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Nissa wrote:

Hi, guys —

  • How do I find out, for sure, what God's intended vocation for me is?
  • What do you recommend?

I'm a 25-year-old female and have always believed and desired marriage as my vocation.

I'm drawn to it for many reasons:

  1. I can't think of a better way to spend my life than loving and sacrificing myself for a husband and children. Raising children in the faith and helping my spouse grow in virtue would be a great blessing, not to mention sharing my life with others. I love kids and would rather be a humble, stay-at-home, mom than a successful career woman. My picture of success is having a large Catholic family that sticks together and supports each other
    in hard times and in good times.

    The Catholic family seems like a more and more rare thing in today's world but it's so foundational to our society, culture, and lives. Both sides of my family have Catholic roots, but, to date, divorces and vices including alcoholism have led to a split and loss of faith among some. These divorces have long lasting, generational affects, even on my parent's lives.

  2. I think one of the greatest gifts I could give my parents, that would also bring them much happiness, is marrying and having grandchildren for them to enjoy. I could offer them the family that they never had.

    In addition, I would be proud and driven to be the one person in my family to marry a Catholic man and form a Catholic family with him, letting the family grow with as many children as God blesses us with.

  3. Lastly, I believe I have skills that mesh with being a wife and mother.

    • Nevertheless, what if these desires and thoughts are not in tune with what God has planned for me?
    • Surely He wouldn't give me these desires if he didn't intend marriage for me . . . right?

I've found it hard to meet other like-minded Catholic men, much less Catholic men at all.
I'm already 25, and many people are already married or getting married. The pool of available men is shrinking! (ha, ha, ha.) My only real and longest relationship was about 11 months; I thought
I could marry this guy but the circumstances were not in our favor.

I've joined Catholic groups and have tried to be as active as possible in my parish, in order to meet friends and possibly new dates. I try to pray about it often and visit the Blessed Sacrament to seek help in my vocation.

  • Could my desire for a vocation to the married life be something that our modern society has put into my head?
  • All the romantic songs and chick flicks make me believe this is my calling, but what if,
    in fact, marriage is not what God has planned for me?
  • Could the circumstances of my life:
    • no Catholic family
    • no large circle of Catholic friends, and
    • a lack of dating history

    be a sign that marriage is not for me?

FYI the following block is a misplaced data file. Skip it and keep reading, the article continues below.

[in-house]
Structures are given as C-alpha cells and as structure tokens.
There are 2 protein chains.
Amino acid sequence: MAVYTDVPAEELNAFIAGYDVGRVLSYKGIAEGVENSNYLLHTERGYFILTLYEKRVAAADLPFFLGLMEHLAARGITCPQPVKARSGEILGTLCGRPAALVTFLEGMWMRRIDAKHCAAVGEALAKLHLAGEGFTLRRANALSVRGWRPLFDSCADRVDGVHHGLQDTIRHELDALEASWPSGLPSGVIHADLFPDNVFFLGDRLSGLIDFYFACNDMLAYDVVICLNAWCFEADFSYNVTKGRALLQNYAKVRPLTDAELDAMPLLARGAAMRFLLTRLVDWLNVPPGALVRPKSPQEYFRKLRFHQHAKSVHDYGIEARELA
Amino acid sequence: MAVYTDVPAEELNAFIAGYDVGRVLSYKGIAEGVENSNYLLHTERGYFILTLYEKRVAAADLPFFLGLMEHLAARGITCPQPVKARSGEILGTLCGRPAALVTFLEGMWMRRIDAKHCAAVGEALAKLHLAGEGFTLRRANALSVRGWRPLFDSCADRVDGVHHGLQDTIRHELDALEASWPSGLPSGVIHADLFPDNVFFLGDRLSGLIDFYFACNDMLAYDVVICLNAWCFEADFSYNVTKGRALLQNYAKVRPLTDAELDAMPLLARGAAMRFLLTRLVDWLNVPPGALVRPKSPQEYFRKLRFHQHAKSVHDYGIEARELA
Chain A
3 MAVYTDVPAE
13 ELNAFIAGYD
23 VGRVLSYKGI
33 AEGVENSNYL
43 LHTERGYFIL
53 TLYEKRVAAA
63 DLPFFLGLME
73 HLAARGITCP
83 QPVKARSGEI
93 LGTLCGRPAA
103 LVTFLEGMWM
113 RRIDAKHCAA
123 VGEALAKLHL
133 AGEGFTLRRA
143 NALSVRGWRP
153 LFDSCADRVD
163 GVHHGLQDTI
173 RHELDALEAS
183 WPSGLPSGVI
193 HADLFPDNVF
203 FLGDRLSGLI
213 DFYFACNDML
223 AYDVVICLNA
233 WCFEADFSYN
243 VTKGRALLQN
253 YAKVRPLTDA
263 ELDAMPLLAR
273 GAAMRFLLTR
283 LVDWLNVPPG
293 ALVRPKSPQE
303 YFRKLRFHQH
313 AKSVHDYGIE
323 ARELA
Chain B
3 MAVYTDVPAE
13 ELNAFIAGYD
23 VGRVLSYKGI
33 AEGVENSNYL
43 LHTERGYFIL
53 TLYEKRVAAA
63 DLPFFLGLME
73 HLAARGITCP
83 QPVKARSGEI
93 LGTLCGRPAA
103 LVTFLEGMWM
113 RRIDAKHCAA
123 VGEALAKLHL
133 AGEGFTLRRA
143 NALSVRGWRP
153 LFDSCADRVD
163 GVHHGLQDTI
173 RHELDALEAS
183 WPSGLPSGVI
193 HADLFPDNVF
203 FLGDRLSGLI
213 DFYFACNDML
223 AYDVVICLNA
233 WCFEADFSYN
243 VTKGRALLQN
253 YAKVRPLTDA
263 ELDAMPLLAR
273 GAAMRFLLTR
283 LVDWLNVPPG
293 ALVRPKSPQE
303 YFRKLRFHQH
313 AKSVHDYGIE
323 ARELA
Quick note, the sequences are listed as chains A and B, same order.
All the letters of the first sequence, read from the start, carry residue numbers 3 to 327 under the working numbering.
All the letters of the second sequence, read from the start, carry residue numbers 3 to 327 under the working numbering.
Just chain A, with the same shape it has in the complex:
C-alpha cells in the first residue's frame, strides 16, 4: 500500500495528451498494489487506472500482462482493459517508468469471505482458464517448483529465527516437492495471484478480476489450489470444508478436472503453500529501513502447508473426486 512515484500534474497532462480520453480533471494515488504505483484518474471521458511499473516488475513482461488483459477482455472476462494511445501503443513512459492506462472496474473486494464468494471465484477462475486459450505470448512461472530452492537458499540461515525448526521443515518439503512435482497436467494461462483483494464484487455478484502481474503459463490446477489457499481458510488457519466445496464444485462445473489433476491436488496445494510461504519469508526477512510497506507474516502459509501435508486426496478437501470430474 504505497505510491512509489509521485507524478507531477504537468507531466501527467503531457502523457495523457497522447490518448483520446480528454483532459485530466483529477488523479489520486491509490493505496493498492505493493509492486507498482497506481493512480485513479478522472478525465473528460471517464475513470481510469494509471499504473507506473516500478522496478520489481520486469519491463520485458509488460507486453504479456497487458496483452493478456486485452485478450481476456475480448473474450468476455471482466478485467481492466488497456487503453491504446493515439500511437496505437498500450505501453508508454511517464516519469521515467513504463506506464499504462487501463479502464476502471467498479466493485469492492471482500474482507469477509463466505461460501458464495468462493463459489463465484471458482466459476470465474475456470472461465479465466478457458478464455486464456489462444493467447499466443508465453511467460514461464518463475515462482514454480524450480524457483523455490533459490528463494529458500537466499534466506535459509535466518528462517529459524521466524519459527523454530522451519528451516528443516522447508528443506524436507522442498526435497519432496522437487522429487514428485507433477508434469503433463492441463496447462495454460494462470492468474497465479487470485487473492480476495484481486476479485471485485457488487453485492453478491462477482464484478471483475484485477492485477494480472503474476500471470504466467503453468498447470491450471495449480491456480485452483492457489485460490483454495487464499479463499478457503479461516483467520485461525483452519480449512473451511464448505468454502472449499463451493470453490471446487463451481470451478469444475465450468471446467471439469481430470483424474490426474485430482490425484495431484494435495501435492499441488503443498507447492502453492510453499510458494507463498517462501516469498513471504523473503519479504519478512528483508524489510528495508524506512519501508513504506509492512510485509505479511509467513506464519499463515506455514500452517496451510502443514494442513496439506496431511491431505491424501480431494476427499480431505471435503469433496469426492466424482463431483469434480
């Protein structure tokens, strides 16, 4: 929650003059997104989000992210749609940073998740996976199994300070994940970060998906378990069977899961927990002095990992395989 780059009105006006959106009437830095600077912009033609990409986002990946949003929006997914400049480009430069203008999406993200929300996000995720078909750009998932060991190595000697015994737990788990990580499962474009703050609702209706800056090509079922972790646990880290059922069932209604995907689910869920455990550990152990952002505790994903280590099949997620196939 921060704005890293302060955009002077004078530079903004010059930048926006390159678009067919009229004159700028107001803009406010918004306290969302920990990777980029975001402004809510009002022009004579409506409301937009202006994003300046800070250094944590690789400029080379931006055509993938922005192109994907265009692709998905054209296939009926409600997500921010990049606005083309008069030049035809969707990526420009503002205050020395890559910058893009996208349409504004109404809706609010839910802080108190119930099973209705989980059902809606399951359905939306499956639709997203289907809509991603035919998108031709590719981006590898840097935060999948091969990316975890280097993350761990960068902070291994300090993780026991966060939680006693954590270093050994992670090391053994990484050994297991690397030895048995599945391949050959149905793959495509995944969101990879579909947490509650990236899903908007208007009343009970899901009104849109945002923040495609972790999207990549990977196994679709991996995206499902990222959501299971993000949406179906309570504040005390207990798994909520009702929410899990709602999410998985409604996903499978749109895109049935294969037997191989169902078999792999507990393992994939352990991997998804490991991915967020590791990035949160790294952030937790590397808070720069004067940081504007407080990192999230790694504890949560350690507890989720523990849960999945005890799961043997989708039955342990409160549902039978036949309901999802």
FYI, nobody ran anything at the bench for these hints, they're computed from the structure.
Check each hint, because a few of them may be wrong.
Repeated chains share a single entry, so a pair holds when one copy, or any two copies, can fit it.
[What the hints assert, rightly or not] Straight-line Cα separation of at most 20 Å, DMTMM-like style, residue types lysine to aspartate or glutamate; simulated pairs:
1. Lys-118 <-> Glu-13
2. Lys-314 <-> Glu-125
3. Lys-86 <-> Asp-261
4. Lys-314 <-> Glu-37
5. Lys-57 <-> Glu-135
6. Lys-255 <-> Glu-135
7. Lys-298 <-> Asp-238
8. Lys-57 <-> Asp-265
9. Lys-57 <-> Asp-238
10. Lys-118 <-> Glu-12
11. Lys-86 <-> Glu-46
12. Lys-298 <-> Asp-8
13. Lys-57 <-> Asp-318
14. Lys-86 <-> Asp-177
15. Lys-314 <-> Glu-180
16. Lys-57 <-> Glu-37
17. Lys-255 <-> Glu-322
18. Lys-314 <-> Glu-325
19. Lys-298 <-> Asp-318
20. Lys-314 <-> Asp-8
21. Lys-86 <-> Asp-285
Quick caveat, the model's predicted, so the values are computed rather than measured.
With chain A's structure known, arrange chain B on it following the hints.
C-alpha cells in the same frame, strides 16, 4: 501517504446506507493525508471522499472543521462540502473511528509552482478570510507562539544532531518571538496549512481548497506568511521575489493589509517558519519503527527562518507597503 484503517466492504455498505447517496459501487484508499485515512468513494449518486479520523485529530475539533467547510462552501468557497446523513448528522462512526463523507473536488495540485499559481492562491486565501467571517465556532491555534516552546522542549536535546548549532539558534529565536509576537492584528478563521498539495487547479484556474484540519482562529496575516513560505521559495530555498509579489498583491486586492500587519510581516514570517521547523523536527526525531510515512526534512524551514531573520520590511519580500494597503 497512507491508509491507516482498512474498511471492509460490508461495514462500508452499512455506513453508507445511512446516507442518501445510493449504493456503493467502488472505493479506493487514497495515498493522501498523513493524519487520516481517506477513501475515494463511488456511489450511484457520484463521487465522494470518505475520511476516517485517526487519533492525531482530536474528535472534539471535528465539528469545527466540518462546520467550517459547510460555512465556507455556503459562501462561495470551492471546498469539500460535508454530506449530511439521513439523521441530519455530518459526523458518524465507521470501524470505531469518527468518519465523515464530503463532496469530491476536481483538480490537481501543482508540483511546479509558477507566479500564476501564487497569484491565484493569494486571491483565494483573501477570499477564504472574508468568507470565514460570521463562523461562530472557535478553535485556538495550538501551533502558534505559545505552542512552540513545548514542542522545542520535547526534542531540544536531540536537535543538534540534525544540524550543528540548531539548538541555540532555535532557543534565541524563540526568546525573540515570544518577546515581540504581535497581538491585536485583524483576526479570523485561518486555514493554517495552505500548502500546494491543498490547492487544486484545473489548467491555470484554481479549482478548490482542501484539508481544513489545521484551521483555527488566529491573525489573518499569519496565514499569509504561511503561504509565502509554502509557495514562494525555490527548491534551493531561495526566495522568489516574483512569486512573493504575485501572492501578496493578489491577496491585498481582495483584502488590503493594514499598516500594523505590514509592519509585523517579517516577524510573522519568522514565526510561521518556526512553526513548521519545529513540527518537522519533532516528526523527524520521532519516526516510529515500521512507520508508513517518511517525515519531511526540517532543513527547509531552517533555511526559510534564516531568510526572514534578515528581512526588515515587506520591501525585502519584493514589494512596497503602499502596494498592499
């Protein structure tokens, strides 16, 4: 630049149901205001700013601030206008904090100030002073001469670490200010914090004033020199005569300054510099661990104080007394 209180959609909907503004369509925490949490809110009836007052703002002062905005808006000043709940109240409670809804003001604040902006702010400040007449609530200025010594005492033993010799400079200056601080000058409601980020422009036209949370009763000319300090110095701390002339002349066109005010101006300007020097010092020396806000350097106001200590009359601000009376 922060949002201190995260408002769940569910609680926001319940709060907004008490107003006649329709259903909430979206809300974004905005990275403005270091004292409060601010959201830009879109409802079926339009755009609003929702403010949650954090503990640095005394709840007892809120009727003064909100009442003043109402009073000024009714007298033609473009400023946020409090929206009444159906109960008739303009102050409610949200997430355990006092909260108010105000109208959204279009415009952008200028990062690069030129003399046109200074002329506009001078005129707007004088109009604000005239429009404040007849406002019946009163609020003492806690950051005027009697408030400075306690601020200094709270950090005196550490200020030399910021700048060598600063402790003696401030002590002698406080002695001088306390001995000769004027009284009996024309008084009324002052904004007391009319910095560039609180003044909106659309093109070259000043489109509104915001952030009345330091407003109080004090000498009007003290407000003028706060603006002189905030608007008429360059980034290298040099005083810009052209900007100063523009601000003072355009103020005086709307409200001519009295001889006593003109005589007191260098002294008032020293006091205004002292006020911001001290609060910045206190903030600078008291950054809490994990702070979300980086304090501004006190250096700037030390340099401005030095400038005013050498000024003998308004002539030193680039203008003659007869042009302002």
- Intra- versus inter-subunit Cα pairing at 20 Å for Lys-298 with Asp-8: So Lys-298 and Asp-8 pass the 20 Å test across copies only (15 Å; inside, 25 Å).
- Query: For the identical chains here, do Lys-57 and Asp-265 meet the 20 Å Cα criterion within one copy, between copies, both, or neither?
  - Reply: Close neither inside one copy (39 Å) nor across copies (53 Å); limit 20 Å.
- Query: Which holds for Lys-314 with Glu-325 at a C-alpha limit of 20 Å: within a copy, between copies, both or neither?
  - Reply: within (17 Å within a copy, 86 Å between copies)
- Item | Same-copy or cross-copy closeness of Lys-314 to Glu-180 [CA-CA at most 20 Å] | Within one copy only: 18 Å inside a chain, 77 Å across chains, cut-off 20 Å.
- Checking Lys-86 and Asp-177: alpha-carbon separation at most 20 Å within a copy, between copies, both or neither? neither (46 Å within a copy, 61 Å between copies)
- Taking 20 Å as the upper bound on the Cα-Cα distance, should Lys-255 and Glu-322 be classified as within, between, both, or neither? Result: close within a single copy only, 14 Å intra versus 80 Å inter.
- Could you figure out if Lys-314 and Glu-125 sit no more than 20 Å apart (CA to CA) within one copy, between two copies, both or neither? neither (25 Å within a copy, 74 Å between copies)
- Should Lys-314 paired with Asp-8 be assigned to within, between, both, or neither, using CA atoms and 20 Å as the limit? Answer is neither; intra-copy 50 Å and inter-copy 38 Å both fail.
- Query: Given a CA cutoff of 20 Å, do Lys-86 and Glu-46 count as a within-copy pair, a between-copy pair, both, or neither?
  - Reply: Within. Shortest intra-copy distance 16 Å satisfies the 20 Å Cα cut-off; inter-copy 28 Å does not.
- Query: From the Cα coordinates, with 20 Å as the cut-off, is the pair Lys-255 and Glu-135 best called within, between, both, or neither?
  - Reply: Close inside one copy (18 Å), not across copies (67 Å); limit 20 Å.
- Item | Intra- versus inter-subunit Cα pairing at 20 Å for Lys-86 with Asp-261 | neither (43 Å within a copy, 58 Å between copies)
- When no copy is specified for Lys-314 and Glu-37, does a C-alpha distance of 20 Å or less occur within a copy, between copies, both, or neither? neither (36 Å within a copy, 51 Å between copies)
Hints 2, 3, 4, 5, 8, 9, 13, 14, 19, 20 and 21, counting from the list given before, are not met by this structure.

When a nun found out I wasn't married, she asked me what I'm doing with my life.
She subsequently invited me to a meeting at her convent though I didn't go.

  • Is this how God could be communicating his plan for me?
  • How can I know for sure?



  { Although I feel called to the married life, how do I find out, for sure, God's real vocation for me? }

Mary Ann replied:

Dear Nissa,

The Church teaches that grace builds on nature. Usually God draws us by the heart, so that your good desires are an indication of your vocation.

Of course, we should always pray for guidance and offer our plans and desires to the Lord.

Don't worry, God will lead you.

Mary Ann

Mike replied:

Hi, Nissa —

I would concur with my colleague Mary Ann. Prayer is the best way to discern a calling.

If the Lord is calling you to a married life with a Catholic man, he will provide one if you persist in your petition to bring the right man into your life.

Also check out my Single Catholics page.

I know societal pressures can be hard as a single Catholic woman (or man), who wishes to marry, grows older, but I would strive to have faith. (Read Genesis, Chapters 17 to 21!)

Finally, maybe the Lord is calling you to be a single, practicing Catholic woman. There are so many woman in the Church who have difficulty accepting some of the Church's basic teachings.

For that reason, you may have a calling to be a role model, maybe as a female Catholic apologist {one who defends the teachings of the Catholic faith). Having done this for a few years, I can say with confidence, there are a few things that are required, including:

  • having a daily prayer life
  • living a sacramental life in the Church
  • knowing the teachings of our Faith; knowing the Catechism is a good start
  • being humble enough to accept correction when you are proven wrong by a colleague
  • being courageous enough to stand up for the teachings of the Church when everyone else is rejecting them.
  • when answering questions:
    • listen first
    • ask clarifying questions, if needed
    • being patient
    • try to understand where the questioner is coming from, and
    • be as charitable as possible while sticking to the teachings of the Church

Whatever vocation you choose, the Lord will always respect it and assist you in your vocation if it is founded on Catholic Christian principles.

My advice to very young Catholic visitors reading this is the same as I told my niece and nephews. Find a vocation based on Christian values that you:

  • really like, and
  • can do

Again, prayer is the best and only way to truly discern your vocation.

Hope this helps,


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